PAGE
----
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Recommendations Summary

HTN: Potassium 2008

Click here to see the explanation of recommendation ratings (Strong, Fair, Weak, Consensus, Insufficient Evidence) and labels (Imperative or Conditional). To see more detail on the evidence from which the following recommendations were drawn, use the hyperlinks in the Supporting Evidence Section below.

  • Recommendation(s)


    Dietitians should advise individuals to consume adequate food sources of potassium as part of Medical Nutrition Therapy to reduce blood pressure. Research suggests that potassium intake lower than recommended levels (DRI) is associated with increased blood pressure.

    Rating: Fair

    • Risks/Harms of Implementing This Recommendation

      Potassium from food, supplements or salt substitutes can result in hyperkalemia and possibly sudden death if excess is consumed by individuals with impaired kidney function and/or taking ACE inhibitors, renin inhibitors, angiotensin receptor blockers (ARBs), potassium-sparing diuretics or aldosterone antagonists.

    • Conditions of Application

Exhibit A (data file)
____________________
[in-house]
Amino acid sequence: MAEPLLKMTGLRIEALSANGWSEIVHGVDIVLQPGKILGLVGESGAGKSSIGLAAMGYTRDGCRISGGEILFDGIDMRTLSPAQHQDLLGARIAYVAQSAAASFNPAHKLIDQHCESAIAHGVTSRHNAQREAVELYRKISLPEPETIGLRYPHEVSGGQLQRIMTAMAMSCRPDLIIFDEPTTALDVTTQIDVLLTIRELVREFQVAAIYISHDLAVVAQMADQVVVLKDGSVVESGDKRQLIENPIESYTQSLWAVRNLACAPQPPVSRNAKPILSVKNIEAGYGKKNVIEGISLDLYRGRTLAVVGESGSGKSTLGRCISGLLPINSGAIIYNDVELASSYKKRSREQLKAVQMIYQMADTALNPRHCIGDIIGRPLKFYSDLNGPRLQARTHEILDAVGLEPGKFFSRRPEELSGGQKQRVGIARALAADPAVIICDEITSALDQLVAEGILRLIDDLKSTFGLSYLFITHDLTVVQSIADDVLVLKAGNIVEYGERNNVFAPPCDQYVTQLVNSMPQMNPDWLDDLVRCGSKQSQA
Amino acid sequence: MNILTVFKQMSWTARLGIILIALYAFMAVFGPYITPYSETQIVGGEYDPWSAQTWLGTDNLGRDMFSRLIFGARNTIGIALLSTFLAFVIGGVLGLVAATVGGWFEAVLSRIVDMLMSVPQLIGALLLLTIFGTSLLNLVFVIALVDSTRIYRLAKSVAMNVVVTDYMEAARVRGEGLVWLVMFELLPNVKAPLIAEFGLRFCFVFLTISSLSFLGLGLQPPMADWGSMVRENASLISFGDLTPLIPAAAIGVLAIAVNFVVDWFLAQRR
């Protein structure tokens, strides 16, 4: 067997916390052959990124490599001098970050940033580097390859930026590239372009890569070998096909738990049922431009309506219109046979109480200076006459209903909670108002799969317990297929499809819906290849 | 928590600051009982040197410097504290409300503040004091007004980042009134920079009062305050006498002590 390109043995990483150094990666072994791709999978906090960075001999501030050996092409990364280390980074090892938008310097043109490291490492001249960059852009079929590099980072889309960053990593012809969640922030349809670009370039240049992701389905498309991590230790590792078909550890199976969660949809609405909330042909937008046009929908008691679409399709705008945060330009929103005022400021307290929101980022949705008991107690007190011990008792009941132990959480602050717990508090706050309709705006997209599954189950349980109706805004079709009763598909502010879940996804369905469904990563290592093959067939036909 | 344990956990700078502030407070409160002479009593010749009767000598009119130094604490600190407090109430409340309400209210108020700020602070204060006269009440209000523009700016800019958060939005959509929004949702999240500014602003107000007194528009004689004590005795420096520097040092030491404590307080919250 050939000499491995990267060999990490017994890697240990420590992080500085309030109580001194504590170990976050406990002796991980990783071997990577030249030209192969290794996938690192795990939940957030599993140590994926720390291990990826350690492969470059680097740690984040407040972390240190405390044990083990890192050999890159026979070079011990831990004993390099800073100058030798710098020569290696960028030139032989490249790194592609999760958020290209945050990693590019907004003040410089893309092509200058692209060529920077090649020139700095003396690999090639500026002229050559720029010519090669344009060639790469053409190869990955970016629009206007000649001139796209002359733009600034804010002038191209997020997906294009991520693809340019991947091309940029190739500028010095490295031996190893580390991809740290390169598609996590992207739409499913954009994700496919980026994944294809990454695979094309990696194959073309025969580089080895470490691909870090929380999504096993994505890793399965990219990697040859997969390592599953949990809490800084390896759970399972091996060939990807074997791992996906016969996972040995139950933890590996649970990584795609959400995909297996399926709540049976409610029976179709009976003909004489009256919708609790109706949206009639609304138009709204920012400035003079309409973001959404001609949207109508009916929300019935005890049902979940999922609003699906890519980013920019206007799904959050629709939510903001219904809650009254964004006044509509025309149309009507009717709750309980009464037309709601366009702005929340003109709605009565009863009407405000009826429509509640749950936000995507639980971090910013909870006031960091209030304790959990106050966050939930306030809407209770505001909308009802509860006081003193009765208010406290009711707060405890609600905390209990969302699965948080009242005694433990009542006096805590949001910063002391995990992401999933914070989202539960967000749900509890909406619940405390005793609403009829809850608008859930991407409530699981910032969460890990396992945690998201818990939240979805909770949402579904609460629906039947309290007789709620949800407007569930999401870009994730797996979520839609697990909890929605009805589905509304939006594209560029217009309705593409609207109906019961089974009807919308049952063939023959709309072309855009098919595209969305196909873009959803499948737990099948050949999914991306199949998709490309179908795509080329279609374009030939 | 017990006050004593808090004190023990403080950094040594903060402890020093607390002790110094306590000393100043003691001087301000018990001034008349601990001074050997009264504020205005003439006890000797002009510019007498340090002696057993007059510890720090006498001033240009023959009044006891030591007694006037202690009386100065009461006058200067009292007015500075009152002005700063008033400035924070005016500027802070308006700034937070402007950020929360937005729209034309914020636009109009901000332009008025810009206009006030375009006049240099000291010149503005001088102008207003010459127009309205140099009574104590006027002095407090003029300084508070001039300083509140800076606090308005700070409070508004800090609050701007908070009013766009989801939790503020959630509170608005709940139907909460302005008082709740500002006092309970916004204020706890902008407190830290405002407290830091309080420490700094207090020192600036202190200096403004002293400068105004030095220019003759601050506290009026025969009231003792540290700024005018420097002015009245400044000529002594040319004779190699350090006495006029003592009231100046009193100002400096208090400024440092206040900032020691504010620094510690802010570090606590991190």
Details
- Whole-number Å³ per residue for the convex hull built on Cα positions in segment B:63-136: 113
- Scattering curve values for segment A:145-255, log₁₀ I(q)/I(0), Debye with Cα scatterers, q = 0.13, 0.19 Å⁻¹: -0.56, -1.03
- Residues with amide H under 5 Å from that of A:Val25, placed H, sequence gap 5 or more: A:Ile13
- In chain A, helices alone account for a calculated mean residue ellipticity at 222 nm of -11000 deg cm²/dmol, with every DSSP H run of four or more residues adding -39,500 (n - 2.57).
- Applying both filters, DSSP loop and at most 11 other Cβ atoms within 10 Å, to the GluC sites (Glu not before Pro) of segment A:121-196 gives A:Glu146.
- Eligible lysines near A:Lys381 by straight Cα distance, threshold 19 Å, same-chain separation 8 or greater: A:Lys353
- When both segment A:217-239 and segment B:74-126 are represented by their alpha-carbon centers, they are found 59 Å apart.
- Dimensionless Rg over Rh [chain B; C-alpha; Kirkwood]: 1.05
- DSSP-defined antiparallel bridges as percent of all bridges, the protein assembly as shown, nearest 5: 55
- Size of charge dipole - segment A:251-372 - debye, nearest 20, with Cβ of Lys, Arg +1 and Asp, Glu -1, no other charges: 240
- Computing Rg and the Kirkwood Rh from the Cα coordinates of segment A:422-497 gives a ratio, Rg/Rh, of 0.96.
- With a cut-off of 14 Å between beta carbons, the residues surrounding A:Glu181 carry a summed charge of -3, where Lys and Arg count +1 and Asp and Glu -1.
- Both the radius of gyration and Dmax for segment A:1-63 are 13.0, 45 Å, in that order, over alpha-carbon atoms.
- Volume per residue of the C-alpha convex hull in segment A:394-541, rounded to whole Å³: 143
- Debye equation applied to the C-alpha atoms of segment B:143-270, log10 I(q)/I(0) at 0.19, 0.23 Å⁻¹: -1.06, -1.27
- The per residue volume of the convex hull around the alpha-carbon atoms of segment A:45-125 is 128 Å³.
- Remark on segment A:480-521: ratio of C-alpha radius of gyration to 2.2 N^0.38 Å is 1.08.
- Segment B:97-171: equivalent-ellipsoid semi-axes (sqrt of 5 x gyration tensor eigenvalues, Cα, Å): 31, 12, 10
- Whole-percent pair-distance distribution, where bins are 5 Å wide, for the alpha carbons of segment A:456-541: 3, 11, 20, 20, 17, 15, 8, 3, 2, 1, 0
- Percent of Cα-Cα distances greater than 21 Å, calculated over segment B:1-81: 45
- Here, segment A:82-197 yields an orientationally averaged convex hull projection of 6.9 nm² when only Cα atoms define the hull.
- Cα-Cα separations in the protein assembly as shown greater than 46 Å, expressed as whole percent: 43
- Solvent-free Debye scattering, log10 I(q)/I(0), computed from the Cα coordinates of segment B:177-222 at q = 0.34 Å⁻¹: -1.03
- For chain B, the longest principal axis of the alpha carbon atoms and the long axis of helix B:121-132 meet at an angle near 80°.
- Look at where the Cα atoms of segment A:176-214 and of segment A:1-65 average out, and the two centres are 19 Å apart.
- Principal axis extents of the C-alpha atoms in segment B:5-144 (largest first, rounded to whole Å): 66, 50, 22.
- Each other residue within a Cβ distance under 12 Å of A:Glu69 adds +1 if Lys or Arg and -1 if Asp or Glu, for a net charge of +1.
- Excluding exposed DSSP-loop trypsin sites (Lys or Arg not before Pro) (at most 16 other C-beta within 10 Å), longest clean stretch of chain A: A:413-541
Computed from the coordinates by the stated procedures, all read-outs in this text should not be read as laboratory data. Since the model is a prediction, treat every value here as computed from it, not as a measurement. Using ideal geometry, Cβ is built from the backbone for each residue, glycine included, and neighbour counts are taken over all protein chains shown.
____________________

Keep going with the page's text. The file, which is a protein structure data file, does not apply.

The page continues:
No conditions specified.

    • Potential Costs Associated with Application


    • Recommendation Narrative

      • Five studies with potassium intakes below recommended levels report an association with increased blood pressure (Cheung et al, 2000; Geleijnse et al, 2003; Hajjar and Kotchen, 2003; Geleijnse et al, 2004; Zhao et al, 2004).
      • Based on three randomized controlled trials and two meta-analyses, an increase in potassium intake of 200 to 2, 000 mg per day (5 to 50 mmol per day) results in a significant reduction in systolic blood pressure of approximately 2-8 mmHg and in diastolic blood pressure of approximately 2-6 mmHg (Espeland et al, 2002; Geleijnse et al, 2003; Naismith et al, 2003; Geleijnse et al, 2004, Wu et al, 2006).
      • Seven studies report no association between potassium intake and blood pressure; however, five of these studies report a positive association between the sodium-potassium ratio and blood pressure (Silaste et al, 2000; Hu and Tian, 2001; Liu et al, 2001, Schroder et al, 2002; Kwok et al, 2003; Khaw et al, 2004; Lancaster et al, 2004).

    • Recommendation Strength Rationale

      • Conclusion Statement is Grade II

    • Minority Opinions

      Consensus reached.